Riots in Ferguson, USA — A Quiet Murder in Miami-Jack Engelhard

Bloody riots continue in Ferguson, Mo, after the killing of a black teenager, but all is quiet in Miami after the murder of a visiting rabbi.

Obama is on the case. Eric Holder has been dispatched to the St. Louis suburb to personally take charge of the investigation as to what led to the police shooting of 18-year-old Michael Brown, who prior to being shot was caught in the act of strong-arming a convenience store worker. This is on tape and has been broadcast widely.

Dozens of arrests have been made during the nearly two weeks of violent unrest and looting.

Windows have been smashed. Businesses are padlocked. Schools are closed. A city is burning. The president has asked for calm from both sides, from the rioters and from the police, which places those who break the law and those who protect the law on the same footing.

From outside of town in New York, where he doubles as Gotham’s mayor, Al Sharpton quickly got dressed and arrived on the Ferguson scene promptly.

A grand jury is scheduled to begin hearings.


Let the propaganda war begin. It looks like another bad move for Hamas, as they hold an ‘Islamic Funeral’ but they forgot one vital ingredient for the funeral: DEAD PEOPLE.

For years now Hamas has had a violent hold on Israel, and with that same grip, a hold on the mainstream media. We, the conservative post, remain unwavering.

Lights… Camera… Gullible Liberals:


John Kerry Calls for Disproportionate Response to ISIS Beheading an American By Bryan Preston
Secretary of State John Kerry offered remarks in reaction to the Islamic State’s murder of American journalist James Foley today. The State Department tweeted the highlights.
John Kerry ✔ @JohnKerry
ISIL must be destroyed/will be crushed.
3:24 PM – 20 Aug 2014

For the record, yes, IS/ISIS/ISIL should be crushed. Tellingly, neither Kerry nor President Obama has offered a plan and they are not gathering a coalition of the willing to get the job done. Obama went back to golf this afternoon.
Crushing IS would be right. But it’s not a proportional response to the murder of one American.
Hamas routinely kidnaps Israeli citizens, murders them and leaves their bodies by the side of the road. Hamas launches rockets into Israel with the purpose of killing Israelis and creating the feeling of dread and terror among them.
The international community, of which Kerry and Obama are members in good standing, always calls on Israel to respond “proportionally” to Hamas terrorism and rocket attacks.
Responding proportionally to terrorism is…what, exactly? So far, it’s destroying tunnels and perhaps airstriking a few terrorist leaders, but the group itself is left intact enough to come back and wage terror war another day. It’s not effective in getting rid of the problem of terrorism.

In fact, if we take “proportional’ literally, Israel should respond to Hamas by kidnapping innocent Palestinians and by launching random bombs on houses, schools and hospitals in Gaza. But that’s not what the “international community” means.
No one in the “international community” is calling on the United States to respond to IS beheading an American “proportionally.” At least not yet.
Why not? Hm.

John Nolte @NolteNC
Doesn’t sound like a proportional response. Or is that standard only for The JooooZ? RT @JohnKerry ISIL must be destroyed/will be crushed.
4:01 PM – 20 Aug 2014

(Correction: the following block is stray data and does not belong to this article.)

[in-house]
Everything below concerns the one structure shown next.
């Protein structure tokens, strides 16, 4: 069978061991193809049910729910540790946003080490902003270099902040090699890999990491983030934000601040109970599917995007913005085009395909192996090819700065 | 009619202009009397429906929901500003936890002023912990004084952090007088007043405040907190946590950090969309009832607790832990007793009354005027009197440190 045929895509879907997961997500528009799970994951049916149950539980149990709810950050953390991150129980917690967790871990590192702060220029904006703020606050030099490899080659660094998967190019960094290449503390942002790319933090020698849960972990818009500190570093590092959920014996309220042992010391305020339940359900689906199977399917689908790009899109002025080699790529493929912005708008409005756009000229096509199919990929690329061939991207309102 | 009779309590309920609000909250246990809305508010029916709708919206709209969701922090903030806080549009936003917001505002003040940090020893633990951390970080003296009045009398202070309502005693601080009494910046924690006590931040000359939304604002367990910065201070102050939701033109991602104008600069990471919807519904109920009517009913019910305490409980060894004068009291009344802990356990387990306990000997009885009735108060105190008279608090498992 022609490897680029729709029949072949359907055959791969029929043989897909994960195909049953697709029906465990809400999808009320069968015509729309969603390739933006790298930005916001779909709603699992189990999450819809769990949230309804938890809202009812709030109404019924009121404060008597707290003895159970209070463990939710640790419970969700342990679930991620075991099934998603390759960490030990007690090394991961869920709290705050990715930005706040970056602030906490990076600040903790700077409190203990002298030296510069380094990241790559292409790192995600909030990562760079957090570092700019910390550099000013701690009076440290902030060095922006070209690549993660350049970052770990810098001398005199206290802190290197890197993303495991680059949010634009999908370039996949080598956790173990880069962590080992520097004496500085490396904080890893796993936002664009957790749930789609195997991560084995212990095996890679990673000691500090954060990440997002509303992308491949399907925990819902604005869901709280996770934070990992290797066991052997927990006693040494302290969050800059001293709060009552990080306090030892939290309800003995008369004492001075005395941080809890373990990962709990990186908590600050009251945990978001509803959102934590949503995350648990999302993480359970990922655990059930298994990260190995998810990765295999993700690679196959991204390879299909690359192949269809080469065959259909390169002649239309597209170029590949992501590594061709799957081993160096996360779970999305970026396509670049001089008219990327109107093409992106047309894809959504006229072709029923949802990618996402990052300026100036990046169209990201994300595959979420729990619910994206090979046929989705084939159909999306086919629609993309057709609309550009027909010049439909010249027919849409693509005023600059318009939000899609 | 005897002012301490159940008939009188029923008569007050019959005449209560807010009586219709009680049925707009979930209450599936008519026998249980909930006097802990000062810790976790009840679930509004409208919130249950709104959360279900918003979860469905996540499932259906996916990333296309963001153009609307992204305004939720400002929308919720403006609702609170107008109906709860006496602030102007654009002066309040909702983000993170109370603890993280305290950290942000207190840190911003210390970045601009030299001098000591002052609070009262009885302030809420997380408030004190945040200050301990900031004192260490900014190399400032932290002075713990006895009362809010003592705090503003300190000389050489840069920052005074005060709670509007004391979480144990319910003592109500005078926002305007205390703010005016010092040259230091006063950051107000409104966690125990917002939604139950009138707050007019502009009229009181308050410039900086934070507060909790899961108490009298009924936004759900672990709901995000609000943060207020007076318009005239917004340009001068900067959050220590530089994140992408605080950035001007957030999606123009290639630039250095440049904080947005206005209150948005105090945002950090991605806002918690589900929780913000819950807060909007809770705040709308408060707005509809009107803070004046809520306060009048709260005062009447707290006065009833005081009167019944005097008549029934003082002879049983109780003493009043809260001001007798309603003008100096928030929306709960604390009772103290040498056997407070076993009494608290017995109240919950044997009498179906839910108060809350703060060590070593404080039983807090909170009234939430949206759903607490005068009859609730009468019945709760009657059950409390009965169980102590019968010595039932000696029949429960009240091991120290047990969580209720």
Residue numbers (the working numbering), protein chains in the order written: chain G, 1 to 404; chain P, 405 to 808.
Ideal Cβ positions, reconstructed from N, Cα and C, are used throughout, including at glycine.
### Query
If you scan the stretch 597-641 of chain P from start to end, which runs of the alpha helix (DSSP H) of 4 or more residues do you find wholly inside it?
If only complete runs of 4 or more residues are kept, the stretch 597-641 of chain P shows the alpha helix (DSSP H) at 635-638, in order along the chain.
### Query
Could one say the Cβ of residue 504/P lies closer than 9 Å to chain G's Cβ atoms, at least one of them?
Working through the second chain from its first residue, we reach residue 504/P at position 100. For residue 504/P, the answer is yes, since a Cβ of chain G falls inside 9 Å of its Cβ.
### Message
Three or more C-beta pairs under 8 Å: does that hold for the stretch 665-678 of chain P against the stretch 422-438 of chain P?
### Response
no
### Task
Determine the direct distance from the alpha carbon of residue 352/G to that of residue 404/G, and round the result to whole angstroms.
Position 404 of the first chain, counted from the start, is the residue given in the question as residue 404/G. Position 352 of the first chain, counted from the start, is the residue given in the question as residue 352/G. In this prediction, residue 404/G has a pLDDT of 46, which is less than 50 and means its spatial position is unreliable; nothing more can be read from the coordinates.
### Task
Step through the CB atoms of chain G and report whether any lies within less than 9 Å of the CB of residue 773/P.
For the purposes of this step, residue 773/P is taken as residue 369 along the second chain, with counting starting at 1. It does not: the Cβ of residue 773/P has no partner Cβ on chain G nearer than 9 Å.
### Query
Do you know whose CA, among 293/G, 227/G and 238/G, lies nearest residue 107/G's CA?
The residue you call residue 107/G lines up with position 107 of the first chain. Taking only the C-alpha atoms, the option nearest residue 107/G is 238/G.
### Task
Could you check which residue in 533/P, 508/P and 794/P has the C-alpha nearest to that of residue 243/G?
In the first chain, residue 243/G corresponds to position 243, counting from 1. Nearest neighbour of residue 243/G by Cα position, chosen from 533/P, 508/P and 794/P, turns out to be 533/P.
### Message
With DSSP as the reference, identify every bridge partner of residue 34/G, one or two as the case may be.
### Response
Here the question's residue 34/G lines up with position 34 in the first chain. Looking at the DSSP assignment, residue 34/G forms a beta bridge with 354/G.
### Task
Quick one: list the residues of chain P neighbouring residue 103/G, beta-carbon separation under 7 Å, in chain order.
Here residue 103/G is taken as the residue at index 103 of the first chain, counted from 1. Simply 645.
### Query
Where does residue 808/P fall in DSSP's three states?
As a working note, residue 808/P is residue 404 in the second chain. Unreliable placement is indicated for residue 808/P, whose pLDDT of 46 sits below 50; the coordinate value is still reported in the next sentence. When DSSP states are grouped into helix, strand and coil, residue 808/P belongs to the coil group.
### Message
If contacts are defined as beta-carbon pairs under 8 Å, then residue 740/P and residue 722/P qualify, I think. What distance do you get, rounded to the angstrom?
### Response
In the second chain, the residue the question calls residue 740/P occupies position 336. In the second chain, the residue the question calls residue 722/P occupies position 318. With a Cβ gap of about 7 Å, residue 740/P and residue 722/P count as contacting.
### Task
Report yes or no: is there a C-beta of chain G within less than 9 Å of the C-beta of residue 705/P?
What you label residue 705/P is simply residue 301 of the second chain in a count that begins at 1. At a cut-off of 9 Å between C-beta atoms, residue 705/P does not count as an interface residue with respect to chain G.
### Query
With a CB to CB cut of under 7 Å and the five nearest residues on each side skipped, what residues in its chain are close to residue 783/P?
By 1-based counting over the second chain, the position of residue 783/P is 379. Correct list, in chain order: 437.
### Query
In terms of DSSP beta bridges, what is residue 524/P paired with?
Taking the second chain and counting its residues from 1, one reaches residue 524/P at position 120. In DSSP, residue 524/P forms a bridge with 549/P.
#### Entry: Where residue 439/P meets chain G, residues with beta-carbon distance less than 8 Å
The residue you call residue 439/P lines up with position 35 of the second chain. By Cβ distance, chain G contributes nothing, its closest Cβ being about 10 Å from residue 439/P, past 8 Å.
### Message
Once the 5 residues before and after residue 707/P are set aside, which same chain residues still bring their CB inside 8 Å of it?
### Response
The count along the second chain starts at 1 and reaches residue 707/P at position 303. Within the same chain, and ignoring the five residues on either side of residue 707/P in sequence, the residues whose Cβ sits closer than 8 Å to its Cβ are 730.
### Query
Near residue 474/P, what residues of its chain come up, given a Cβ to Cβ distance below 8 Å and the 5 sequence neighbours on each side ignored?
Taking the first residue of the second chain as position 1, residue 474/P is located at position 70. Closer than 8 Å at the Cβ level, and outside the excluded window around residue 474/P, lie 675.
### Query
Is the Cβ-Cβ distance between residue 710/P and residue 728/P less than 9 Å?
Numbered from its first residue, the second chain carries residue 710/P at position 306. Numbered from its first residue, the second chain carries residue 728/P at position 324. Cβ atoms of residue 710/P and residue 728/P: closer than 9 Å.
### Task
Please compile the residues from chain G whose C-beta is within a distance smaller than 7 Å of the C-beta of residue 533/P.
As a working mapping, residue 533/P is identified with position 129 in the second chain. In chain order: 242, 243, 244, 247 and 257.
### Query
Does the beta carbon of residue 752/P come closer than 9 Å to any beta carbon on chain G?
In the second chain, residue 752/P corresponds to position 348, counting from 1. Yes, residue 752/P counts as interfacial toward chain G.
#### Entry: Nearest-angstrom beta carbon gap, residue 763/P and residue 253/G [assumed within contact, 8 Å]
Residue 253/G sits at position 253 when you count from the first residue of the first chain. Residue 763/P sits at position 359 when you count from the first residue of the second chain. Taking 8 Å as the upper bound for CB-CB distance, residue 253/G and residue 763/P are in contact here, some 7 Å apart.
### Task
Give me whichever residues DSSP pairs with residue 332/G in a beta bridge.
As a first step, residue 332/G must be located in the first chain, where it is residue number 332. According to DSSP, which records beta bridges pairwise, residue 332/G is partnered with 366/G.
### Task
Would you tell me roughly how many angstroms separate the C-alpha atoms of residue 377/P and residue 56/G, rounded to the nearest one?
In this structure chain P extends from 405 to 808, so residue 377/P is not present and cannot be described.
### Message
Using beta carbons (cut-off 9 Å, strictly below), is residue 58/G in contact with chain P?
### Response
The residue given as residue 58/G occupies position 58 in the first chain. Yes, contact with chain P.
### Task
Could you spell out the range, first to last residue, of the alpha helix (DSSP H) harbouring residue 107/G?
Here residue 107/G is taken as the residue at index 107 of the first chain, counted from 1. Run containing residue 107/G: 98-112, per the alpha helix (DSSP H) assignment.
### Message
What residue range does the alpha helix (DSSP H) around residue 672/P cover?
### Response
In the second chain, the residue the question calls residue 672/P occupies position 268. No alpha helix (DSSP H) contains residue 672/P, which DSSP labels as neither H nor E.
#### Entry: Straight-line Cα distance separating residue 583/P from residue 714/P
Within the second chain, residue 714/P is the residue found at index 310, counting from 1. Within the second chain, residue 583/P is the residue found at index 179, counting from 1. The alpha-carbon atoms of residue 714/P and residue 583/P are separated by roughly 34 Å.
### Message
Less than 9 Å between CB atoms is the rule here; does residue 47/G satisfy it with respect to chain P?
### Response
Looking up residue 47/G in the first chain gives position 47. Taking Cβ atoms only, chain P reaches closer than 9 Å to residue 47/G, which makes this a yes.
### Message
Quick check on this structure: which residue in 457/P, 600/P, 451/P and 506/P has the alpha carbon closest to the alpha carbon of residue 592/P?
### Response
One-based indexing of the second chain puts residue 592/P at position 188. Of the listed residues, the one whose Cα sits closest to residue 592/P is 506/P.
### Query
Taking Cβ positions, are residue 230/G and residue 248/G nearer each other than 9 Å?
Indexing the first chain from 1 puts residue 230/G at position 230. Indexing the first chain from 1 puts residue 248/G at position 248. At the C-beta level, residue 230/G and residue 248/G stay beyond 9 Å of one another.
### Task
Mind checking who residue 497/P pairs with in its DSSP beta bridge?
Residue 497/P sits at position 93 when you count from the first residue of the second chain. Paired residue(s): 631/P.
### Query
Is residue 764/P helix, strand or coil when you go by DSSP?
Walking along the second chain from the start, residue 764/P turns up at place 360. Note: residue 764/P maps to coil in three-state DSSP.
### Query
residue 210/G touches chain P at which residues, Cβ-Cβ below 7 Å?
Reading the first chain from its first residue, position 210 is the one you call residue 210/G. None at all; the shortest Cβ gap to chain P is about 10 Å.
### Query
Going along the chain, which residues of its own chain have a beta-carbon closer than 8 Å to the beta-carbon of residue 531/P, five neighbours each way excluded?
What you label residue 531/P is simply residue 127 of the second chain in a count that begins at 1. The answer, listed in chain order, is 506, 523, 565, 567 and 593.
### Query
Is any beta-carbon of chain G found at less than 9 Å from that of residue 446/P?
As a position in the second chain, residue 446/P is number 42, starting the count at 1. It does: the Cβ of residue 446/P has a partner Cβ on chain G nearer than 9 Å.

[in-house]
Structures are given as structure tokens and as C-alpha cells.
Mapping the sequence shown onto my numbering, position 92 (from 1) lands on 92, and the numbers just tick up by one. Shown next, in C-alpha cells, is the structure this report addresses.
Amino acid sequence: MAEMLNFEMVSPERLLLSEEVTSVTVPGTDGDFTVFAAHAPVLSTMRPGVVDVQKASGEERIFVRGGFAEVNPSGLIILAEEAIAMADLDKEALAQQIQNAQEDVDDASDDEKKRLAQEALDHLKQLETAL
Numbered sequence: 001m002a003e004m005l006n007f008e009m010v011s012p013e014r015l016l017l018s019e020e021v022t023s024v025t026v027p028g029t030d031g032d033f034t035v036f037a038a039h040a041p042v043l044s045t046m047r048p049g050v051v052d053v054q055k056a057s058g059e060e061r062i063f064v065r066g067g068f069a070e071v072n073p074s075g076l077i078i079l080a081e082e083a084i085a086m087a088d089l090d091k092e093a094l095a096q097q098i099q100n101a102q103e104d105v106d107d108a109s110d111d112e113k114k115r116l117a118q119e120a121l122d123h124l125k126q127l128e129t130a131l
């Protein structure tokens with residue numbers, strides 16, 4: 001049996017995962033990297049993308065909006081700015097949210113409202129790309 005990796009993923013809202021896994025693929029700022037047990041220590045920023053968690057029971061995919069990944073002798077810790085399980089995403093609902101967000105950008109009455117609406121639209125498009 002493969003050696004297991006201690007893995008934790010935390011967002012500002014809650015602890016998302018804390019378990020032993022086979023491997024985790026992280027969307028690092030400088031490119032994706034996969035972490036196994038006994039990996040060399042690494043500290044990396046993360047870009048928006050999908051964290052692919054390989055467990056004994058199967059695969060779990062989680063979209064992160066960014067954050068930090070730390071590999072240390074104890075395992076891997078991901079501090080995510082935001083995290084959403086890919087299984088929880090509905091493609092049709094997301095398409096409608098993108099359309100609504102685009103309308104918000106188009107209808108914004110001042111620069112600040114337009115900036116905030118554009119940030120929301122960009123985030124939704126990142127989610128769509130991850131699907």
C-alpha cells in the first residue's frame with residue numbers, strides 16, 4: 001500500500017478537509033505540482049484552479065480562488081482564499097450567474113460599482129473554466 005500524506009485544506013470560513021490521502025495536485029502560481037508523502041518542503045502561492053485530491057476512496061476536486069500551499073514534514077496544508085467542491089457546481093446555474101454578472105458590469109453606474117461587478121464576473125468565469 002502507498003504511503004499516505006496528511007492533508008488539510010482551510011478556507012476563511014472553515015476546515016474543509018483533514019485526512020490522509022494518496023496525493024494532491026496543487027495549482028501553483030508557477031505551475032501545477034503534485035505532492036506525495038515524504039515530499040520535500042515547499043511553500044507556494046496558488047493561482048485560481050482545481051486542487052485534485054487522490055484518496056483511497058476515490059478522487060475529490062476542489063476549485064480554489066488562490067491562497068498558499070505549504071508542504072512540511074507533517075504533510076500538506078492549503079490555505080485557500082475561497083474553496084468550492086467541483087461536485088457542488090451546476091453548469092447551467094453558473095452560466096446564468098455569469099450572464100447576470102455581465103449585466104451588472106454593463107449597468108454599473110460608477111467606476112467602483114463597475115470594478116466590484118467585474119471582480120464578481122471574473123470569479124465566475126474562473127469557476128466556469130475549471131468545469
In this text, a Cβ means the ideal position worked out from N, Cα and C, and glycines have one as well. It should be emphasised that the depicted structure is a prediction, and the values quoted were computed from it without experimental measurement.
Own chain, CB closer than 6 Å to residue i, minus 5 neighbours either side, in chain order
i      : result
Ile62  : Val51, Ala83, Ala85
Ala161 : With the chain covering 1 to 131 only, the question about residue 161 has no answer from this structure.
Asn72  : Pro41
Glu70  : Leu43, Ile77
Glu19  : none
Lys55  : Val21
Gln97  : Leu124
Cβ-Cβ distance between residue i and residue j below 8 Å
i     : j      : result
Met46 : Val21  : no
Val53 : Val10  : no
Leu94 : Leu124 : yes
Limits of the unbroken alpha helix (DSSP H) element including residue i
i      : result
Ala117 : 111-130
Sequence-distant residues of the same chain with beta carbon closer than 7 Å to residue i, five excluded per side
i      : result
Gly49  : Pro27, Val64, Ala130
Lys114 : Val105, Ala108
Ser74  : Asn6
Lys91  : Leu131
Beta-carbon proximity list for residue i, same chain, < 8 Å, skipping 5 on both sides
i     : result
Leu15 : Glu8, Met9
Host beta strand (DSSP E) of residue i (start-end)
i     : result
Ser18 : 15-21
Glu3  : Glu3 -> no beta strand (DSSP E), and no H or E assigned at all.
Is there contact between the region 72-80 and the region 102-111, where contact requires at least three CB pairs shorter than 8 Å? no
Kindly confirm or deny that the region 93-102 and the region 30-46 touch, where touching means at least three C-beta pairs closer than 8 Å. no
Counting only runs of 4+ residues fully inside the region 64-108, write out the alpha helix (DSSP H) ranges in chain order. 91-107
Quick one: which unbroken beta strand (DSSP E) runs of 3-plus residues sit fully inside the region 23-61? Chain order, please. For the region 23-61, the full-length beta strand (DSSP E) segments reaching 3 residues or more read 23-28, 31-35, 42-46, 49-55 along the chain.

UK failure on Islamism and James Foley’s Murder:Clare George-Hilley

Leftists who have spent years defending Islamic extremism in Britain, labelling anyone who has raised concerns as bigoted, have been proved wrong. The Left, and those on the Right who cower before Leftist mantras, have much to answer for after James Foley’s murder.

The international outcry over the brutal beheading of innocent journalist James Foley underlines the shameful failure of the United States and Britain to take action over the Islamic State (IS) threat.

It should be no surprise at all that a British Muslim is likely to be responsible for the murder, as several hundred home-grown terrorists have already jumped onto planes, with their UK passports ready to shed blood in Syria and Iraq.

Those on the left, who have spent years defending Islamic extremism in Britain, labelling anyone who has raised concerns about it as bigoted, have been finally proved wrong. Our country does indeed have a very serious problem with Islamic extremism.

From the beheading of British soldier Lee Rigby by two men chanting “allahu akbar” to the Trojan Horse school takeover plot, this evil ideology is engulfing our communities and creating the next generation of UK terrorists.

The situation in Iraq with the Islamic State takeover is now critical, after our elected officials have spent months sitting back, observing the crisis and hoping it will just go away. This foolish and complacent strategy has meant that the IS movement has gained in strength, taking more cities and murdering more innocent people.

I wrote recently of the brutal persecution of Christians and other minorities in Iraq, and even since then the situation has worsened. Iraq and Syria are on the verge of become one single terrorist superstate, with the IS movement proving even more brutal and dangerous than al-Qaeda.

We have all known about this problem for many months now and David Cameron is quite right to break off his holiday and return to Downing Street to co-ordinate Britain’s response. Firstly, our remit needs to move beyond that of delivering humanitarian aid to the people of Iraq.

This vital role must continue but we need to enter military engagement and support the US with airstrikes. Secondly, we should consider limited ground operations to support the armies attempting to hold IS back, even if we are only providing training and advice. Thirdly, we need to look again at the problems of Islamic extremism and its impact on British society.


I wrote two weeks ago about two New Hampshire teenagers having their bagpipes seized at the northern border by US Customs & Border Protection. This would be the same “border” “protection” agency that has turned the southern border into an express welfare check-in for any of the world’s seven billion people minded to show up there.

My fellow Granite Staters – 17-year-old Campbell Webster and Eryk Bean, of Concord and Londonderry, New Hampshire – understood that if you go to a highland fling a couple of hours north in Quebec you’re now obligated to get your bagpipes approved by US Fish & Wildlife.

Because that’s just the way it is in the Land of the Free.

So Messrs Webster and Bean got their CITES certificate and presented it to the US CBP agent at the Vermont border crossing.